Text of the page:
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Old April 27th, 2009, 05:48 PM   #3
Tim Hays
Posts: n/a
Default V&A Rug Collection Visit April 2009

I agree with all that Louis wrote in his December 2008 report on the rug and textile collection of the V&A. We have been trying to get a look at the rug collection for three years and finally were successful last Friday!

After repeated enquiries both on-line and in person we discovered that in order to see the rug collection one must write or email the V&A Islamic Arts Department at least 21 working days in advance. If staff are available and the room is open, one can obtain a viewing of the collection of Persian and Turkish rugs as shown in Louis' first two photos.

Showing the rugs requires two staff members-one to untie and pull the rug 'racks' from their closed position and one to hold and secure the individual racks in the open position. be sure to bring a flashlight as the lighting is poor at best. Although reduced lighting helps preserve the color of the rugs, it makes viewing them difficult.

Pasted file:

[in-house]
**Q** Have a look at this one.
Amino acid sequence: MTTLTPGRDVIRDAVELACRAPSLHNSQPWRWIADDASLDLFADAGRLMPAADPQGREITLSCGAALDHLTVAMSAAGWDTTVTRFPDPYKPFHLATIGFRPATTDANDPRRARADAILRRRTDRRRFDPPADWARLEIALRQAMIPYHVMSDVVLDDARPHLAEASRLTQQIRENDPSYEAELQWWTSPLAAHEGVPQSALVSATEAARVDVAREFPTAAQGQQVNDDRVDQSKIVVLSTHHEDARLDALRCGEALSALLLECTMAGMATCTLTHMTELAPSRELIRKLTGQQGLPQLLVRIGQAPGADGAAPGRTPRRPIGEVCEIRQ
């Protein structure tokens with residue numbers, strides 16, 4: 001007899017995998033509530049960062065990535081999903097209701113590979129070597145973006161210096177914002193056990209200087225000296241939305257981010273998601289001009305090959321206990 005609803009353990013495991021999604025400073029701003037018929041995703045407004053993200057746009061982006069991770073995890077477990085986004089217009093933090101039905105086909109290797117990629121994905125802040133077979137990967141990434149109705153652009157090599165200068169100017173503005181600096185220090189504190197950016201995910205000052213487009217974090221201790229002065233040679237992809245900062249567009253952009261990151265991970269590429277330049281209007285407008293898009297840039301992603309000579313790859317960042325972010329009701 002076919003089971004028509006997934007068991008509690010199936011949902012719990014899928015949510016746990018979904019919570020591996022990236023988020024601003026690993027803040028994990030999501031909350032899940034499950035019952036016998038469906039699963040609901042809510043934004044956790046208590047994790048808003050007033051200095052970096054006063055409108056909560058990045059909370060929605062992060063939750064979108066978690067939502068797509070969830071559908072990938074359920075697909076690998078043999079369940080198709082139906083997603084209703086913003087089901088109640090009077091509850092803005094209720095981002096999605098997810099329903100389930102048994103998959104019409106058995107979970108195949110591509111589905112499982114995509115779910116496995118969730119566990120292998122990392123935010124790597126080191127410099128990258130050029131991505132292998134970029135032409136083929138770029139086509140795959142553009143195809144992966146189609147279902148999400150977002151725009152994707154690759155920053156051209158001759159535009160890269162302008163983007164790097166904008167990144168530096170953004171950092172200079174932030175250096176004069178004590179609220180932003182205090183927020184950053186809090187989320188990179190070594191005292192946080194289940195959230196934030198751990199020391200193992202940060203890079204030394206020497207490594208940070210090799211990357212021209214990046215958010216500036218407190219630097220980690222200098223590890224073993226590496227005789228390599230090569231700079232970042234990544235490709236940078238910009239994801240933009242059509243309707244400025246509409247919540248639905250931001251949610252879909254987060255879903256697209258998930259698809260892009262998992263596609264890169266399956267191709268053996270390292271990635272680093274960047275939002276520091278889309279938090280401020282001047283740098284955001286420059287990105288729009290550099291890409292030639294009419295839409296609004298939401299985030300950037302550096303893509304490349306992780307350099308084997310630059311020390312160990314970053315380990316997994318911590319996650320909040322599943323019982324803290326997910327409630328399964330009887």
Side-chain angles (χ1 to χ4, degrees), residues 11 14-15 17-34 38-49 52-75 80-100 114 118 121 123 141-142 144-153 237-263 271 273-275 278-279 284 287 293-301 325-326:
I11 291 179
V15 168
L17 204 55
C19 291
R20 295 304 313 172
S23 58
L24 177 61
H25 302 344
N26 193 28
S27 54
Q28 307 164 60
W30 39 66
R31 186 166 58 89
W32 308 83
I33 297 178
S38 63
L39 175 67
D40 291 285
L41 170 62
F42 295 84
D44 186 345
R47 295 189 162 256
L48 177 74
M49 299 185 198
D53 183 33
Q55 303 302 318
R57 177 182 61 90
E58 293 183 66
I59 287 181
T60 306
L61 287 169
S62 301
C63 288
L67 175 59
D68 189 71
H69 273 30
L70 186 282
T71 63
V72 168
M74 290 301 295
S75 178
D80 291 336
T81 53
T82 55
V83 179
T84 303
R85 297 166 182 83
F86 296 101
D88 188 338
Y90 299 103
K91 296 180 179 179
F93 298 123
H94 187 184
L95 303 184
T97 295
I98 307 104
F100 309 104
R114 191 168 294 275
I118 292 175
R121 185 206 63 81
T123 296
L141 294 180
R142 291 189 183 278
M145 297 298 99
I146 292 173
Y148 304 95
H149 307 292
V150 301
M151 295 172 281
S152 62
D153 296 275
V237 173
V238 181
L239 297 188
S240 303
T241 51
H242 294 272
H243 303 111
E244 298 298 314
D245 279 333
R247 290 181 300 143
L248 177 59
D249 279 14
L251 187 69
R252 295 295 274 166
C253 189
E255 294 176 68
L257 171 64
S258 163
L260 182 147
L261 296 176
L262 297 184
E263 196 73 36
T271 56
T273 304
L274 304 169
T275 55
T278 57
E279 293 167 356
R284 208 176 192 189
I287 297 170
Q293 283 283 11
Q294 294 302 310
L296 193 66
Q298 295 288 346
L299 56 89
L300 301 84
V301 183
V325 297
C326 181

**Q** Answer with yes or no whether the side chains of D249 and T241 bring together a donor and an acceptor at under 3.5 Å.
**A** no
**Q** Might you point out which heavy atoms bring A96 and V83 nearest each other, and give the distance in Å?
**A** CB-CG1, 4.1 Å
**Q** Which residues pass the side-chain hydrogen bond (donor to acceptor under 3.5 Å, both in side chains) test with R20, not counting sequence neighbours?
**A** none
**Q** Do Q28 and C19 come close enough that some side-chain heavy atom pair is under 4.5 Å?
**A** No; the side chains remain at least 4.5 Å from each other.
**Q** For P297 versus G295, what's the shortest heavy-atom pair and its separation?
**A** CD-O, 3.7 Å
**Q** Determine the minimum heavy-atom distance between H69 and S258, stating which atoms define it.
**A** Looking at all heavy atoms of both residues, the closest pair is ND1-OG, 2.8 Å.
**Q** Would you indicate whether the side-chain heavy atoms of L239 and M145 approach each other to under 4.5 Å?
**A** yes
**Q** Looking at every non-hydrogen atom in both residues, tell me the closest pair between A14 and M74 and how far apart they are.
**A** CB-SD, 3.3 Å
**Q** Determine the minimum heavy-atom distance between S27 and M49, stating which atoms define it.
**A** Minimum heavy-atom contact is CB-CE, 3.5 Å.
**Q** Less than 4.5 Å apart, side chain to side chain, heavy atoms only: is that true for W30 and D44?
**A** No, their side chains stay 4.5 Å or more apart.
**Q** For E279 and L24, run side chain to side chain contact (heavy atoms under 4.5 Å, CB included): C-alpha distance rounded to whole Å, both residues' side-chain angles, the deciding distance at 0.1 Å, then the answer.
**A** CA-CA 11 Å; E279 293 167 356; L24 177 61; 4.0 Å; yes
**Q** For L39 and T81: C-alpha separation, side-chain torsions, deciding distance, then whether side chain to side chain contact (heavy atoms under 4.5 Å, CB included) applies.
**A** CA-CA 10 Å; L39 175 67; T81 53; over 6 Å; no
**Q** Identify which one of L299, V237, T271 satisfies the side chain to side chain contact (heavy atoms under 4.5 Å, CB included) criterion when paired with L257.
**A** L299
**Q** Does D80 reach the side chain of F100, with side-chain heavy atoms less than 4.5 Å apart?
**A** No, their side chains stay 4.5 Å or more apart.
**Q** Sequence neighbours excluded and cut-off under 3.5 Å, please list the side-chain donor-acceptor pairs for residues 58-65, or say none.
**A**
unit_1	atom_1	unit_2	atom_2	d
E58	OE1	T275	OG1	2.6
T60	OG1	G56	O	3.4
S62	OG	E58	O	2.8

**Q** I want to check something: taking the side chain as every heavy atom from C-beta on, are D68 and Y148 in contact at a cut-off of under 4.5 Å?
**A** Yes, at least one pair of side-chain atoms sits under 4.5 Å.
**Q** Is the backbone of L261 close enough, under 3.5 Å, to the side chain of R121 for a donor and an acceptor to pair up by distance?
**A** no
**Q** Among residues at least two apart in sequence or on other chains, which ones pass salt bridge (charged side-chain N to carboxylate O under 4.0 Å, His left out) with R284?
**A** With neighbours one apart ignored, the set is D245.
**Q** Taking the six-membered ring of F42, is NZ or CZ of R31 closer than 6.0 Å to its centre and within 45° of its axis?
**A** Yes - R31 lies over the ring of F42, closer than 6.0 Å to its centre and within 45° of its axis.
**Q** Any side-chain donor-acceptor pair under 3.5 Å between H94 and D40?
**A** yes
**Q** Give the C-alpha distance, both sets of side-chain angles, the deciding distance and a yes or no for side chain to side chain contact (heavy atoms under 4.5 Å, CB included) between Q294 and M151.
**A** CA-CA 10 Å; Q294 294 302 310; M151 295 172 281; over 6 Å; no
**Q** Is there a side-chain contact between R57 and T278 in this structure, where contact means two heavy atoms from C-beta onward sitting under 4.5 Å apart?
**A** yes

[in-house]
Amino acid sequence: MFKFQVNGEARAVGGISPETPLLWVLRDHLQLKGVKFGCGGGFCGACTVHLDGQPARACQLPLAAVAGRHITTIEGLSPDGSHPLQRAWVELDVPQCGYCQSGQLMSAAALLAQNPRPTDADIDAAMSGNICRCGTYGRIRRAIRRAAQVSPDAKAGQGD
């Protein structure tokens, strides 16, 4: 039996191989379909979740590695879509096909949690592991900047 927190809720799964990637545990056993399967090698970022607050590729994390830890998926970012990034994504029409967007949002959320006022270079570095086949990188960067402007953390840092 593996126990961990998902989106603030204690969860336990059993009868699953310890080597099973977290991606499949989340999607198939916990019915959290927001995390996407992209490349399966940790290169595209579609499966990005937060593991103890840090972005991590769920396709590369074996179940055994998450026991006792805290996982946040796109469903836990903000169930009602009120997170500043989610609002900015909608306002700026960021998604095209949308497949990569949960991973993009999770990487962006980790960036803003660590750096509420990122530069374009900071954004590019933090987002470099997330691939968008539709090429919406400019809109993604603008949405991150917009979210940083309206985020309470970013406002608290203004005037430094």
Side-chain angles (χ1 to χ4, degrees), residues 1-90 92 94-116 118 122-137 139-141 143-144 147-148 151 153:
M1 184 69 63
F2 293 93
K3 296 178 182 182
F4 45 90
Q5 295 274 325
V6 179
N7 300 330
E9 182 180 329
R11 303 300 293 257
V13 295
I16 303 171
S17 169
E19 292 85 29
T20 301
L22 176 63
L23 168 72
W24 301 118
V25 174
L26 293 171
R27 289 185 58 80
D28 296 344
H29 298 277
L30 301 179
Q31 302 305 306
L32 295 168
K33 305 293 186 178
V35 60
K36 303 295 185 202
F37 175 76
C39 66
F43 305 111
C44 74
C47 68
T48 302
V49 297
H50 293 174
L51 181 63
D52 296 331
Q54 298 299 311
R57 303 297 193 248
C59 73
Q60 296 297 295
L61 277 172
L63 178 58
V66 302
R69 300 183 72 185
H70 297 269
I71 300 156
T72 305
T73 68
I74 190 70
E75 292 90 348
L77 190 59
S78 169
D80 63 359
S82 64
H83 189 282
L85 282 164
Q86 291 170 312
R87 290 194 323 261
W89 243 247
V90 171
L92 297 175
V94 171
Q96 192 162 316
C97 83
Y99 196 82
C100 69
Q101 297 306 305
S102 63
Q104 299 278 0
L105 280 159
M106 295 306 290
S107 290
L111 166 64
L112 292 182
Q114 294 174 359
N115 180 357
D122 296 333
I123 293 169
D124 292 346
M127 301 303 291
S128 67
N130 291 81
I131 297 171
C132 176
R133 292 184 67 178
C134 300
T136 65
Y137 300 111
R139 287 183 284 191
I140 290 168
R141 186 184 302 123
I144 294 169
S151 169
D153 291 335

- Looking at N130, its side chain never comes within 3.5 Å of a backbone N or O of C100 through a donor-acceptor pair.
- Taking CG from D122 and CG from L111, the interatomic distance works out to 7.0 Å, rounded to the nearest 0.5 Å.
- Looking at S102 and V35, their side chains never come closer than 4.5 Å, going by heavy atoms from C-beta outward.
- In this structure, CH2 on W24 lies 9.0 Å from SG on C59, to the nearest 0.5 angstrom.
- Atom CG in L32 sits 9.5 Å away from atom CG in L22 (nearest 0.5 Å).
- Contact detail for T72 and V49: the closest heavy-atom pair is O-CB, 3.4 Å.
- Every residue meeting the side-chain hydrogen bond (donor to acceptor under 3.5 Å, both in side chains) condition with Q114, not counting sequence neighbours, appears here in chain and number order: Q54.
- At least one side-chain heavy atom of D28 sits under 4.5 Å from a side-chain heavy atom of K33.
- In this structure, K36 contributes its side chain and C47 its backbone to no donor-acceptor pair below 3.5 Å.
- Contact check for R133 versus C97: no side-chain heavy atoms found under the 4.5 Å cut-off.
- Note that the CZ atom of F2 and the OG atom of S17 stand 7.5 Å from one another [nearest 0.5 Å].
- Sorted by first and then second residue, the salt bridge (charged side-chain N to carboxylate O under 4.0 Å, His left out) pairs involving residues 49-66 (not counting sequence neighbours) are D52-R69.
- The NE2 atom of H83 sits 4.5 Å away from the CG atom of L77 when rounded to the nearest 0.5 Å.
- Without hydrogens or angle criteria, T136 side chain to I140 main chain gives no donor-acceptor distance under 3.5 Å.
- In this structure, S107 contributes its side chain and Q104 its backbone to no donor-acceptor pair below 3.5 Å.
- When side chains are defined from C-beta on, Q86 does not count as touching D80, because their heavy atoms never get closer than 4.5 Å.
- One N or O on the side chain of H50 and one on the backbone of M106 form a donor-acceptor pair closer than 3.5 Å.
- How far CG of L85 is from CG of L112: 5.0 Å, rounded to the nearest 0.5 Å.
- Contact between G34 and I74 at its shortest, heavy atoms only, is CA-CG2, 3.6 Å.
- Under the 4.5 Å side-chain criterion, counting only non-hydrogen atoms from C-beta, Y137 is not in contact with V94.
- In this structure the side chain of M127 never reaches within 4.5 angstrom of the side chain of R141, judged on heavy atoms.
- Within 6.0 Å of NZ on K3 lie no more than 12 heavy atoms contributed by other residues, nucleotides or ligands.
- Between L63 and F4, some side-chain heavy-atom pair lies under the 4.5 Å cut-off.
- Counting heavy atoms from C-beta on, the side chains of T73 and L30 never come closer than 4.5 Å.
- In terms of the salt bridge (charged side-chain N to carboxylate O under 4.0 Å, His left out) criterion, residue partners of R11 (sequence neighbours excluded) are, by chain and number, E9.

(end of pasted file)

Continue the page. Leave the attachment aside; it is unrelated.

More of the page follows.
The persian collection consists of 19th and early 20th Century work shop products most of which were acquired between 1870 and 1920. There is no catalog as such, only a typed listing of the rugs listed by acquisition number. The arrangement of rugs on the rack sequences does not seem to follow a comprehensible order. Although most of the pieces are in good to excellent condition there were few really outstanding pieces on display.

The "Turkish' rug collection consists mostly of Caucasian pieces from the pre-Soviet era. Some of these are very nice and seem to represent the Eastern and Western Caucasus traditions well. There were two quite good Talish long rugs of both the open and decorated field varieties. Turkish rugs per se were poorly represented, but there were some interesting old fragments from most of the traditional weaving areas. Basically there were few tribal items as the collection is focused on workshop and village pieces.